Teaching medication reconciliation through simulation: A patient safety initiative for second year medical students

Lee A Lindquist, Kristine M. Gleason, Molly R. McDaniel, Allan Doeksen, David Liss

Research output: Contribution to journalArticle

23 Scopus citations

Abstract

INTRODUCTION: Errors in medication reconciliation constitute a large area of potential injury to patients. Medication reconciliation is rarely incorporated into medical school curriculums so students learn primarily from observing clinical care. AIM: To design and implement an interactive learning exercise to teach second year medical students about medication reconciliation SETTING: Northwestern University Feinberg School of Medicine, Chicago, IL PROGRAM DESCRIPTION: The Medication Reconciliation Simulation teaches medical students how to elicit information from active real-world sources to reconcile a medication history. PROGRAM EVALUATION: At the conclusion of the session, students completed a Likert scale survey rating the level of improvement in their knowledge and comfort in obtaining medication histories. Students rated their knowledge level as having increased by 27% and their comfort level as having increased by 20%. A full 91% of the 158 students felt that it should be performed again for the following medical student class. DISCUSSION: The Medication Reconciliation Simulation is the first to specifically target medication reconciliation as a curriculum topic for medical students. Students praised the entertaining simulation and felt it provided a very meaningful experience on the patient safety topic. This simulation is generalizable to other institutions interested in teaching medication reconciliation and improving medication safety.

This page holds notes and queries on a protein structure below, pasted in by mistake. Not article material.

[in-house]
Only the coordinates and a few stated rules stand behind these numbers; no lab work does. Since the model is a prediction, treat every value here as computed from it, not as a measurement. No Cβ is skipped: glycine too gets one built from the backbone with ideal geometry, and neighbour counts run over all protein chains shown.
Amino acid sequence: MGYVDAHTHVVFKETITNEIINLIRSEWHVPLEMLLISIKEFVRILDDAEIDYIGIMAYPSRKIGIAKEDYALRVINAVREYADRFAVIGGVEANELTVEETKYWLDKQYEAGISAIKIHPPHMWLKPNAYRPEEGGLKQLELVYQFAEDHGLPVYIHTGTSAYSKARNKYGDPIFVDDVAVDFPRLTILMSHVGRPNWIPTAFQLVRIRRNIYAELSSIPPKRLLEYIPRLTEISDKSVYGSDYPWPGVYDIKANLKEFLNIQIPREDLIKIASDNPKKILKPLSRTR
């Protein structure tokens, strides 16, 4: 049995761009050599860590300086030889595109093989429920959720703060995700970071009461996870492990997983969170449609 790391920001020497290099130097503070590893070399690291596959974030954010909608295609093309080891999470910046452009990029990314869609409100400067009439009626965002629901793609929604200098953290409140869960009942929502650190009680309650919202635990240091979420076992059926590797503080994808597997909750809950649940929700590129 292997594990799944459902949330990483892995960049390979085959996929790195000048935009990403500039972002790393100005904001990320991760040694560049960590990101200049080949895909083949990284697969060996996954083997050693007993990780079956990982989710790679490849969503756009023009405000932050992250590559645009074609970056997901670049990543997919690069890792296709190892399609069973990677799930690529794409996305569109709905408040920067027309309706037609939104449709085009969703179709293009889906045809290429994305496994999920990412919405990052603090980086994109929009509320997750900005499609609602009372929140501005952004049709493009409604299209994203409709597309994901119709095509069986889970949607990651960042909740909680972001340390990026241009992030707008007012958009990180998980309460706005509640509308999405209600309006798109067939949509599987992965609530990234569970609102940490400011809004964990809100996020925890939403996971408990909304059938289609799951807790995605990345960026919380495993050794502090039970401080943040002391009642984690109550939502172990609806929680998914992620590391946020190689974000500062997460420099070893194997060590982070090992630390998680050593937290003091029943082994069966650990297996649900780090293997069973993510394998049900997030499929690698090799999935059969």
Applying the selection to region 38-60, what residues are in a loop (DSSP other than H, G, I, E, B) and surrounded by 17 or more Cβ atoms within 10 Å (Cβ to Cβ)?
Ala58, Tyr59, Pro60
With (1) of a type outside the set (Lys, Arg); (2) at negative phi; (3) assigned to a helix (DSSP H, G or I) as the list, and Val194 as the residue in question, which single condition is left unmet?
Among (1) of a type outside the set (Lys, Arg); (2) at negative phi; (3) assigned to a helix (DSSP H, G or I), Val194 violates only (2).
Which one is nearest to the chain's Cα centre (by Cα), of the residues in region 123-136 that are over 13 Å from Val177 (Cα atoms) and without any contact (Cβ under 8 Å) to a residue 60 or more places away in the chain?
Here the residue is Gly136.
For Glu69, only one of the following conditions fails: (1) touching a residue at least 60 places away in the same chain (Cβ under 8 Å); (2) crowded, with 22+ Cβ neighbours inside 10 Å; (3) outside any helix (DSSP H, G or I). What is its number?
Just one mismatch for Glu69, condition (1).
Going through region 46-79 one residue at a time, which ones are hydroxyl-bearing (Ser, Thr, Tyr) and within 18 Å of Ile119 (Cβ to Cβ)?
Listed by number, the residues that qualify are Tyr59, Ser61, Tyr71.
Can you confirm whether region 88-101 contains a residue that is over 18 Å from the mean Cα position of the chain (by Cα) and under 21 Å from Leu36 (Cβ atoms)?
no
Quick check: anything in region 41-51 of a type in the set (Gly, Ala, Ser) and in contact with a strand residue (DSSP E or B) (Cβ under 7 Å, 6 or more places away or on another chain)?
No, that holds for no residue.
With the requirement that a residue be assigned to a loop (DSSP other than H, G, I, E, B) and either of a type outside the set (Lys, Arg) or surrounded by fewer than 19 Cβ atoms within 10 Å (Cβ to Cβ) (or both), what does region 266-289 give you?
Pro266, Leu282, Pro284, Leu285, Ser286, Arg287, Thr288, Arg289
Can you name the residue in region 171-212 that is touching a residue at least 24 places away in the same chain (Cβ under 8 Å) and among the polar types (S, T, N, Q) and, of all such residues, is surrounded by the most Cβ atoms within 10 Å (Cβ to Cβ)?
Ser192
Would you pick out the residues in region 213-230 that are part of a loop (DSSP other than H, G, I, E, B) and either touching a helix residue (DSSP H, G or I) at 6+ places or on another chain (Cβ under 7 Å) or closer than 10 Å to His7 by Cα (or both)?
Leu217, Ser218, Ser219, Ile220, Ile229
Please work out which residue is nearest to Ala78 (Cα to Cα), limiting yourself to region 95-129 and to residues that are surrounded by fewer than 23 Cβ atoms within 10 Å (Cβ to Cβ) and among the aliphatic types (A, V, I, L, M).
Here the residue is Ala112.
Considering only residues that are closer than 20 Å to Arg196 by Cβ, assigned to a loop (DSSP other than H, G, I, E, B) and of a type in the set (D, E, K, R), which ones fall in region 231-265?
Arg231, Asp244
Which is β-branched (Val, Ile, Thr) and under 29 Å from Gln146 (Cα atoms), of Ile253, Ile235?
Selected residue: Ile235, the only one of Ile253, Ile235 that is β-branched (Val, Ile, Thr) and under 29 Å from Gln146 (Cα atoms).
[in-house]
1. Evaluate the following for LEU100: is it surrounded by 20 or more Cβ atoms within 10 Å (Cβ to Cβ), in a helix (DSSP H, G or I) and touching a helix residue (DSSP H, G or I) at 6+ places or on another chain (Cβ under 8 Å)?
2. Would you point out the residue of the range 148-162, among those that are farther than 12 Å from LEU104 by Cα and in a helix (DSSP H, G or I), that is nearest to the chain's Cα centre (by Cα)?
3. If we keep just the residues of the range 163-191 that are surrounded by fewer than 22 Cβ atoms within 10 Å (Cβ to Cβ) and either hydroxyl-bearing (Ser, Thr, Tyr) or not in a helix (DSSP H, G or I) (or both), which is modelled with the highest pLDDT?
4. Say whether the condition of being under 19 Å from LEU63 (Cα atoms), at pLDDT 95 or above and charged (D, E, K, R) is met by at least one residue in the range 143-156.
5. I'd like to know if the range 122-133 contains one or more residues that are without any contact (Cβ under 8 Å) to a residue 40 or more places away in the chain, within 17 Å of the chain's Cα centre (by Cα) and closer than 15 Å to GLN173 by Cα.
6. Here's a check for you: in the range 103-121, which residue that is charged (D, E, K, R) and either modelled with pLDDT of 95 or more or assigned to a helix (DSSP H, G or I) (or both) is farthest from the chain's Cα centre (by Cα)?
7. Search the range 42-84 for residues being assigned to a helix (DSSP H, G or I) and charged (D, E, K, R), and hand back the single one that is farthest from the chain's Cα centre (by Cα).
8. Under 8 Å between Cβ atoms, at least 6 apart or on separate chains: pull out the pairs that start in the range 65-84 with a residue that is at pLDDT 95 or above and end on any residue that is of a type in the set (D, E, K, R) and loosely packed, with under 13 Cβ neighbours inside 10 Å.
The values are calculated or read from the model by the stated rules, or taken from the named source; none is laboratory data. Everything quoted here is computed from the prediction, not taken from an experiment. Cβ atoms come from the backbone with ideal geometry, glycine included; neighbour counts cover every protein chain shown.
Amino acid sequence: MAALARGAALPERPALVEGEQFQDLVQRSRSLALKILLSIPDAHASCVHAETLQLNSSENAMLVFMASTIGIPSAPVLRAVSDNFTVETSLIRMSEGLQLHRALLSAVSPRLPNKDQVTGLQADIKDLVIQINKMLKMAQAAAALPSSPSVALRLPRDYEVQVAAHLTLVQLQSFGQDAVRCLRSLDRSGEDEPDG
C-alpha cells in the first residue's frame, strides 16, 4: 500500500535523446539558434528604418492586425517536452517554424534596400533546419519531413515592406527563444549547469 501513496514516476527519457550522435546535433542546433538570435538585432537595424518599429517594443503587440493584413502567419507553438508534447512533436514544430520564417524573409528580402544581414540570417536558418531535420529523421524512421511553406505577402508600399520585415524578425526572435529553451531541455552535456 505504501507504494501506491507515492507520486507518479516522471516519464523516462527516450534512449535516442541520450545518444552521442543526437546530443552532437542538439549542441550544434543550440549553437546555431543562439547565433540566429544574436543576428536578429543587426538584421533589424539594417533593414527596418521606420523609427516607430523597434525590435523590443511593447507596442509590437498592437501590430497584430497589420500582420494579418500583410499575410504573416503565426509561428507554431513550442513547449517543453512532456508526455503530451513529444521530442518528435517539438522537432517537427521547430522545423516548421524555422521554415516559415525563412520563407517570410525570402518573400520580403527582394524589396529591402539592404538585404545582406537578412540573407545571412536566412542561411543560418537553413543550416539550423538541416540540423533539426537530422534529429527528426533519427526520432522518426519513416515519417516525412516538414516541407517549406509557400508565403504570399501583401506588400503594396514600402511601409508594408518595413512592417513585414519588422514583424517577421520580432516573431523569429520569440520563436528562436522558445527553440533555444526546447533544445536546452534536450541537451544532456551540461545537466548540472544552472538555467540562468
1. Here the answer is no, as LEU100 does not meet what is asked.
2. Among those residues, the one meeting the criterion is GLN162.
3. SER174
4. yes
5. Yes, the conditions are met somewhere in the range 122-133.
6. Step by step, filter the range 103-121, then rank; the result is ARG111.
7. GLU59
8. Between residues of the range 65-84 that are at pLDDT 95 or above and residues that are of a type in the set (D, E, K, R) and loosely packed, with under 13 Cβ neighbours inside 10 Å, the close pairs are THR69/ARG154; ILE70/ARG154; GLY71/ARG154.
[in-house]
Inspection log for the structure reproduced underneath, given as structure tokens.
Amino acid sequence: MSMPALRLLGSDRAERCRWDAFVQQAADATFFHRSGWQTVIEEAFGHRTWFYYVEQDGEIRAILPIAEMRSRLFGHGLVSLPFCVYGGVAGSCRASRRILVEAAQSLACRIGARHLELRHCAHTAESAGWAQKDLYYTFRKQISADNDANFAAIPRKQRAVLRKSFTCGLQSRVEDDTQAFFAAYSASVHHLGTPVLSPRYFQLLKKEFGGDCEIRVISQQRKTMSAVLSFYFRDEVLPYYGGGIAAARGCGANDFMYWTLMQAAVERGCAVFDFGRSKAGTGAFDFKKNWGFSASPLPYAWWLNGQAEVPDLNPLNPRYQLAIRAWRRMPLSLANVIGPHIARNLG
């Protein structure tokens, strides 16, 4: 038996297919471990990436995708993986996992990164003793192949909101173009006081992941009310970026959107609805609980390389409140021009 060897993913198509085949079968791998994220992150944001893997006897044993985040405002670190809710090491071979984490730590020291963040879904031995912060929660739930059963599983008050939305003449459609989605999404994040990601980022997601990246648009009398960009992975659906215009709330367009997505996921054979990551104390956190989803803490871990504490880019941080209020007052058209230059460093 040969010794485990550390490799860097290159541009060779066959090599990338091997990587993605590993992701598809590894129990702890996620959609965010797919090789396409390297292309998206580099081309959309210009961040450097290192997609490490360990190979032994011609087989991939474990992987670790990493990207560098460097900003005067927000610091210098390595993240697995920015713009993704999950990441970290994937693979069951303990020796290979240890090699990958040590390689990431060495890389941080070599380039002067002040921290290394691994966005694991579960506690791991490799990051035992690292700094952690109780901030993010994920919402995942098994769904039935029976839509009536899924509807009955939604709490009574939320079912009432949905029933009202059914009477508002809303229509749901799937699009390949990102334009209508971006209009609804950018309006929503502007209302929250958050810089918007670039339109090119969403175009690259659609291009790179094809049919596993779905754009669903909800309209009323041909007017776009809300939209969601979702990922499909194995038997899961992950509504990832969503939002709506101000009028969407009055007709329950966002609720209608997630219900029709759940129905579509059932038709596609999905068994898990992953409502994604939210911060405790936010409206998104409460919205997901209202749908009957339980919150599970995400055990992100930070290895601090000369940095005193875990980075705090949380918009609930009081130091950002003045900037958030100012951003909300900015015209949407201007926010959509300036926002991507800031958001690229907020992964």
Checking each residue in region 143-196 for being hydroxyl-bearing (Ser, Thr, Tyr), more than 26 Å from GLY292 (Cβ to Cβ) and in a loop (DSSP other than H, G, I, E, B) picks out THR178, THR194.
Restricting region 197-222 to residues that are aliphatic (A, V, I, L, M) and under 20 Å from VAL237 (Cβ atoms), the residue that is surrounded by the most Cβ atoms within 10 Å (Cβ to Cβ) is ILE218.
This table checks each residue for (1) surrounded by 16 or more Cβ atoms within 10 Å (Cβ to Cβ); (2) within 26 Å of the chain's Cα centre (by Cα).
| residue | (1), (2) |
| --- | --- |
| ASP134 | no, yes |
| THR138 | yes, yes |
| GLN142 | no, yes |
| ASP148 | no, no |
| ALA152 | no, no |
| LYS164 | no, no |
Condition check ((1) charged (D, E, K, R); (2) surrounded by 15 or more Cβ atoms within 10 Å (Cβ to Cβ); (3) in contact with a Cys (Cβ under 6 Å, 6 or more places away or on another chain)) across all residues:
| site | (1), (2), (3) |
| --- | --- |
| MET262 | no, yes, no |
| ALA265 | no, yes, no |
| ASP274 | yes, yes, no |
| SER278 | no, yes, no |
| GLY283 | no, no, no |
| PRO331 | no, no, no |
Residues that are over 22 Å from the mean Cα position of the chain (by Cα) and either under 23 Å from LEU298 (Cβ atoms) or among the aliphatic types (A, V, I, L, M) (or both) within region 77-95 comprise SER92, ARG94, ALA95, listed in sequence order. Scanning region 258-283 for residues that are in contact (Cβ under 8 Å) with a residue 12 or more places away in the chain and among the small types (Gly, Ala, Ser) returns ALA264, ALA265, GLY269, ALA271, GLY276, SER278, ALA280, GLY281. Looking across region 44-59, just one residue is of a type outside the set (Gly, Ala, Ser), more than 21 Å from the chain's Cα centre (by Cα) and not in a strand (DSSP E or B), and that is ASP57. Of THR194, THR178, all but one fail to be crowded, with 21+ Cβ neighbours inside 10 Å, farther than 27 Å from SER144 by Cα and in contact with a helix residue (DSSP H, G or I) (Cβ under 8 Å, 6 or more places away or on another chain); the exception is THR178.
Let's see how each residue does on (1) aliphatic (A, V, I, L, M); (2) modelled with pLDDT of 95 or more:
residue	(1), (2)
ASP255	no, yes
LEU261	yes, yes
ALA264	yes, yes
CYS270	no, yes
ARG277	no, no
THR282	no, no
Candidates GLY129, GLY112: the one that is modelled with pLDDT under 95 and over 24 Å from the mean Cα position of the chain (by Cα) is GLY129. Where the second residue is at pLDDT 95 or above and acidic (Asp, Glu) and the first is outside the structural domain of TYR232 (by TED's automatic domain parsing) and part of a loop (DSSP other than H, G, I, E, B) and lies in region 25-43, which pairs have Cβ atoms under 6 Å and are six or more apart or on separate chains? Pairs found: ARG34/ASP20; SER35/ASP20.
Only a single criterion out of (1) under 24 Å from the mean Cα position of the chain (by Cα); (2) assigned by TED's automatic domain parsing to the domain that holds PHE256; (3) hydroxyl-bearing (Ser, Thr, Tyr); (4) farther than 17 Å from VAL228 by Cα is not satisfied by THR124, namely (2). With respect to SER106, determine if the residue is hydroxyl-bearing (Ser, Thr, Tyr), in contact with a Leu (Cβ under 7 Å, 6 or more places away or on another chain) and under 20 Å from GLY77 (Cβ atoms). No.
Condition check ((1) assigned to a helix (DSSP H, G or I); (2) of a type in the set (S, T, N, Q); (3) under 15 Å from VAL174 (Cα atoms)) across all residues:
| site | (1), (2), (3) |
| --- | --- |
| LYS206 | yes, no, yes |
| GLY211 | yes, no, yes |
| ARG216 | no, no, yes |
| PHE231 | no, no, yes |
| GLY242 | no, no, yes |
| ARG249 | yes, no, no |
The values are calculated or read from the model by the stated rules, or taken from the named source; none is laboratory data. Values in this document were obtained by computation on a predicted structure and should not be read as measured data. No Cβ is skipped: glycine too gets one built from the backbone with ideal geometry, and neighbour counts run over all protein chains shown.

Original languageEnglish (US)
Pages (from-to)998-1001
Number of pages4
JournalJournal of general internal medicine
Volume23
Issue number7
DOIs
StatePublished - Jul 1 2008

Keywords

  • Medical school curriculums
  • Medication reconciliation
  • Third year medical students

ASJC Scopus subject areas

  • Internal Medicine

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